Ed initially intercepted the 765 at about 3 p.m. crossing Walnut Creek in Fairview, Pennsylvania.

From there he made a dash down U.S. Route 20 to Conneaut to get into place along Old Main Street to photograph the 765 and its train crossing Conneaut Creek.

The 765 made a service stop in Conneaut, which gave Ed plenty of time to get to Parrish Road at the far west end of the Conneaut Yard to capture the 765 charging out of town.

Photographs by Edward Ribinskas

The first of a two-shot sequence of NKP 765 crossing Conneaut Creek.

The first of a two-shot sequence of NKP 765 crossing Conneaut Creek.

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The first of a three-shot sequence at Parrish Road on the west edge of Conneaut.

The first of a three-shot sequence at Parrish Road on the west edge of Conneaut.

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We Didn’t Know Them as Heritage Units Then

September 8, 2015

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It is the summer of 1967 or 1968 in Brewster and Nickel Plate Road ALCOs sit on the dead line several years after the Norfolk & Western had taken over the NKP. It is hard to imagine that these switchers were heritage units at that early date. We just didn’t know it then.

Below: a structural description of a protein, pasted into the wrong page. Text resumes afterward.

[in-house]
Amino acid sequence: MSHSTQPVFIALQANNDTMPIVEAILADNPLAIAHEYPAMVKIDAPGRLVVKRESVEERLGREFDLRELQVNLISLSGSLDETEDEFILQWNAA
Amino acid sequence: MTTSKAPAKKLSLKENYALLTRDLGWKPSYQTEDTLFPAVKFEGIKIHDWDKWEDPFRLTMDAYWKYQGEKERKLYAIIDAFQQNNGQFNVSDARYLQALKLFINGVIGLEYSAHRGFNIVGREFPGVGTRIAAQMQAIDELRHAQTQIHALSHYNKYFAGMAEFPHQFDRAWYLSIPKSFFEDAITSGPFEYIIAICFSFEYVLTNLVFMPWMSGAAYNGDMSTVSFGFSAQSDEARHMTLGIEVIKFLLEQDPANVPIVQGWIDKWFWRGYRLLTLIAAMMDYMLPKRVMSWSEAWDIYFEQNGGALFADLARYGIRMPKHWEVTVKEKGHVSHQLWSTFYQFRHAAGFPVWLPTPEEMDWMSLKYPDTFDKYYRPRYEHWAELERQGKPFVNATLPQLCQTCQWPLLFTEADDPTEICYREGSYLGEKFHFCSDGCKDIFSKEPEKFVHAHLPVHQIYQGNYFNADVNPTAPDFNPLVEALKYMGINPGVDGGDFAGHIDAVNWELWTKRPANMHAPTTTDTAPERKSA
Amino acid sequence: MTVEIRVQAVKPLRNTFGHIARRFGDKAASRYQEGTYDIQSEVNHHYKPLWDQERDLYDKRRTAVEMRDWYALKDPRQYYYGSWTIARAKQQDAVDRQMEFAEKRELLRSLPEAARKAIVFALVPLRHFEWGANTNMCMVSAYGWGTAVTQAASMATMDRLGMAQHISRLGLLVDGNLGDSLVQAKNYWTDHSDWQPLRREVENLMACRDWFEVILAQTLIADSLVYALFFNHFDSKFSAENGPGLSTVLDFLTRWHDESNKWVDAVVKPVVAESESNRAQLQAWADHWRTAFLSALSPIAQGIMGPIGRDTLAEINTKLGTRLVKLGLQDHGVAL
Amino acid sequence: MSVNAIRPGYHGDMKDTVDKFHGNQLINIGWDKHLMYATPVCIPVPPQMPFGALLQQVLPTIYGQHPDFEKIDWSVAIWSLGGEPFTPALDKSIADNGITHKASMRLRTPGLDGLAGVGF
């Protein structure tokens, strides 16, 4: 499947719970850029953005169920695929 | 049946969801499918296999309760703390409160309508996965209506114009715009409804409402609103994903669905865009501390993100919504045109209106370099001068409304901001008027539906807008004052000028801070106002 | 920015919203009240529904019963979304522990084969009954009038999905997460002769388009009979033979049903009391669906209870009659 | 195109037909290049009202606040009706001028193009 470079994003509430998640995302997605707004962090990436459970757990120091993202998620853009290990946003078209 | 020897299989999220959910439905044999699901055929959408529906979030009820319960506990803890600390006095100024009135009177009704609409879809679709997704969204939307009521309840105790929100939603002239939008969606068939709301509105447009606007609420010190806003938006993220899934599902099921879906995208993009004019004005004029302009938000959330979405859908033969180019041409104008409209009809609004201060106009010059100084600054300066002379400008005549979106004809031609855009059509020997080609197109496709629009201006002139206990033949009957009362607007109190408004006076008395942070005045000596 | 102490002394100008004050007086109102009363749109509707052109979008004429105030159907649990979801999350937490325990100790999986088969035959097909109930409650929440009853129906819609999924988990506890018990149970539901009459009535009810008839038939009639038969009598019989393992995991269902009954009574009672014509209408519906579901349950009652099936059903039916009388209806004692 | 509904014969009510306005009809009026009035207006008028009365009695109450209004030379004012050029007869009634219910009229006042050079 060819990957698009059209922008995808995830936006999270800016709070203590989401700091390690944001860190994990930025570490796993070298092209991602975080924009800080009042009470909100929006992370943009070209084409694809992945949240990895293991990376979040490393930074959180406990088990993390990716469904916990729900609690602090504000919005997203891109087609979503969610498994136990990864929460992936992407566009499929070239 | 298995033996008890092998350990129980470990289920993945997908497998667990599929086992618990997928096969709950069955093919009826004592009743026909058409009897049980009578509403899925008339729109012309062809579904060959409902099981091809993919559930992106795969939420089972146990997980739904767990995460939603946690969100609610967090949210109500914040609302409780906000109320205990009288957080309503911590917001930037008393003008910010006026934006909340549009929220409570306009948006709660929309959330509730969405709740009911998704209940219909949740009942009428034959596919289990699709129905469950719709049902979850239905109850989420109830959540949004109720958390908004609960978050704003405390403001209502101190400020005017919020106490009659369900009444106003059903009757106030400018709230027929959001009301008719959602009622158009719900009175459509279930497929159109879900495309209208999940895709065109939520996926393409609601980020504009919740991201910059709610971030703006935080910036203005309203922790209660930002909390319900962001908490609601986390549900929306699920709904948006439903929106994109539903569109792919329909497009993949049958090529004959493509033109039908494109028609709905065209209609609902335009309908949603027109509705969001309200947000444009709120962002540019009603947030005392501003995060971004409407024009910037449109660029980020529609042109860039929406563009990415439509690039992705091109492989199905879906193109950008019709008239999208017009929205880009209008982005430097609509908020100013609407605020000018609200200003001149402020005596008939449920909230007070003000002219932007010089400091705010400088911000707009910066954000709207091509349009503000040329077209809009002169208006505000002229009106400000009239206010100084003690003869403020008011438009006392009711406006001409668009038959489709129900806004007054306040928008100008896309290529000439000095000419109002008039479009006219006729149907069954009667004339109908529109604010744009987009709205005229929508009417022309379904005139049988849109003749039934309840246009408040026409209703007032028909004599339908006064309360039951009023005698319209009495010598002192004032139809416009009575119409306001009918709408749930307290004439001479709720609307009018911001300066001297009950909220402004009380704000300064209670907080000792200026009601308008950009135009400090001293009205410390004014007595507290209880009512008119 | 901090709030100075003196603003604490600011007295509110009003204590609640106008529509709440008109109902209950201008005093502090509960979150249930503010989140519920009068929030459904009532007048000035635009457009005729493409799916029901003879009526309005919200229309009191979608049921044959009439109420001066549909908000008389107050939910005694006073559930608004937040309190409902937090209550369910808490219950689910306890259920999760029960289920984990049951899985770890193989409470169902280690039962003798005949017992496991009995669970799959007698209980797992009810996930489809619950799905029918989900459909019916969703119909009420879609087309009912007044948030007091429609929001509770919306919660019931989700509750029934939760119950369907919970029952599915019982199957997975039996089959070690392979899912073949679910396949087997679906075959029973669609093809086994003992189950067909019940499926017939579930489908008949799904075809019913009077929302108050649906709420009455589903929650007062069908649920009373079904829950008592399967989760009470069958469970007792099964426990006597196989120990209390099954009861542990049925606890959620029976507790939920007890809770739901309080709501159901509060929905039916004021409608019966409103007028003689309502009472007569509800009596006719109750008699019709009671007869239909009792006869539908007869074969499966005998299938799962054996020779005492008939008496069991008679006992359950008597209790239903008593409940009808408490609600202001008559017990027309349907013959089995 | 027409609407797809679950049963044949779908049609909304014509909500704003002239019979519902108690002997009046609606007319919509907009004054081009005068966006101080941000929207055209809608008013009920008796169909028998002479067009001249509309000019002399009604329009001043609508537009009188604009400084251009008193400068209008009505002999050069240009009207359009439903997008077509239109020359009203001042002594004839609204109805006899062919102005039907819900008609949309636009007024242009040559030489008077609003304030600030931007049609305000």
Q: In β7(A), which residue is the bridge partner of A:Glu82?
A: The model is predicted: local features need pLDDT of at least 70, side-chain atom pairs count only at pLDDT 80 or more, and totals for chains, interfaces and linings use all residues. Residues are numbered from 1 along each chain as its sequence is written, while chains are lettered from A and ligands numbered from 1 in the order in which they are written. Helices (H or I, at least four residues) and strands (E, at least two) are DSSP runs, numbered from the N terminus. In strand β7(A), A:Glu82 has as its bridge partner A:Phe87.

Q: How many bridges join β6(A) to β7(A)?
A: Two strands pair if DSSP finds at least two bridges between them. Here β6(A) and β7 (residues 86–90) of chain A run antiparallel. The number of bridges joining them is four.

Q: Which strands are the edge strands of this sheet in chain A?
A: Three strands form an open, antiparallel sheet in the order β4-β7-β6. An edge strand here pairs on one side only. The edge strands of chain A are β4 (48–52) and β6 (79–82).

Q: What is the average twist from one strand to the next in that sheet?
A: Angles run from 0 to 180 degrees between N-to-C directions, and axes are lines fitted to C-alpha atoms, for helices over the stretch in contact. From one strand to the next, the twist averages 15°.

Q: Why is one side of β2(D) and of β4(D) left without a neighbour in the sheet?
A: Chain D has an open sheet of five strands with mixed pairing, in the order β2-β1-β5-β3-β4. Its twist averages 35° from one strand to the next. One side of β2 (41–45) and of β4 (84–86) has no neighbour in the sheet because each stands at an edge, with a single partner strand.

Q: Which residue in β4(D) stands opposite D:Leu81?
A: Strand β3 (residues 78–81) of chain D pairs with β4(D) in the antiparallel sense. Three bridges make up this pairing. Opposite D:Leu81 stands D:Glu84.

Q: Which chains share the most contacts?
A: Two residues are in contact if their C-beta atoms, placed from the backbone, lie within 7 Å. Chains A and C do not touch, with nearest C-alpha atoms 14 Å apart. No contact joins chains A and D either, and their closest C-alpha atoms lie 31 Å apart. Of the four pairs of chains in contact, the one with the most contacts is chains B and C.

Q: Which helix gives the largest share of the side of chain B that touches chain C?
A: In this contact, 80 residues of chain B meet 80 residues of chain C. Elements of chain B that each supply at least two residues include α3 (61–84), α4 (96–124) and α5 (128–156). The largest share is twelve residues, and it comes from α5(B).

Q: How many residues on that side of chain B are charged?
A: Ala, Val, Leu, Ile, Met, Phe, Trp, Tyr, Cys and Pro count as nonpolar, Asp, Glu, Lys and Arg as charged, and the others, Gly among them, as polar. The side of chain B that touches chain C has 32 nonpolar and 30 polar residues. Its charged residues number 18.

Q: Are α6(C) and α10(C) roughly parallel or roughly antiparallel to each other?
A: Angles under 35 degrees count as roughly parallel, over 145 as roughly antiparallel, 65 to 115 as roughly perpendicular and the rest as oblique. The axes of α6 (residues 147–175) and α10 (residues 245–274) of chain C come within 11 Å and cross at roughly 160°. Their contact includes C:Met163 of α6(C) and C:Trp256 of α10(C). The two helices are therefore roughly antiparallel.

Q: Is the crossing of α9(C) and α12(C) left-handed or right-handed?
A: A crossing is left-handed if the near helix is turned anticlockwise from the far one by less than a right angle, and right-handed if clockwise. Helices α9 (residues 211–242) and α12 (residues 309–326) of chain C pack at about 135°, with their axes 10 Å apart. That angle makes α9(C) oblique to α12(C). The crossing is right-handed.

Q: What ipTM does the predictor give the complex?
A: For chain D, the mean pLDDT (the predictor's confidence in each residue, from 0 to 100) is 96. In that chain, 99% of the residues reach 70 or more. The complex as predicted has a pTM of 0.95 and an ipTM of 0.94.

Photograph by Robert Farkas

Abbey Avenue Park Opens New Photo Angles

July 22, 2015

One of the benefits of the new Inner Belt Bridge Project in Cleveland is the addition of some new park areas near the new spans.

One such park, located on Abbey Avenue, has opened some new photo possibilities for shooting westbound Norfolk Southern trains s crossing the lift bridge on the former Nickel Plate Road over the Cuyahoga River.

A word to the wise: Don’t dawdle on getting to Abbey. Once the funding for the parks runs out the vegetation will be allowed to grow at will and the shot will be overwhelmed.

But for now here is what you need to know about shooting from Abbey Avenue park.

The park is located obviously on Abbey Avenue at the east end of the Abbey Avenue viaduct over the NKP and several city streets.

The parking area is right under the new freeway bridge and when trains aren’t moving on the NKP the view of downtown Cleveland is quite nice to behold.

To get there from Interstate 90 westbound, just exit at the Abbey Avenue/West 14th Street exit. It dumps you right into the parking lot for the park, which is right across Abbey Avenue.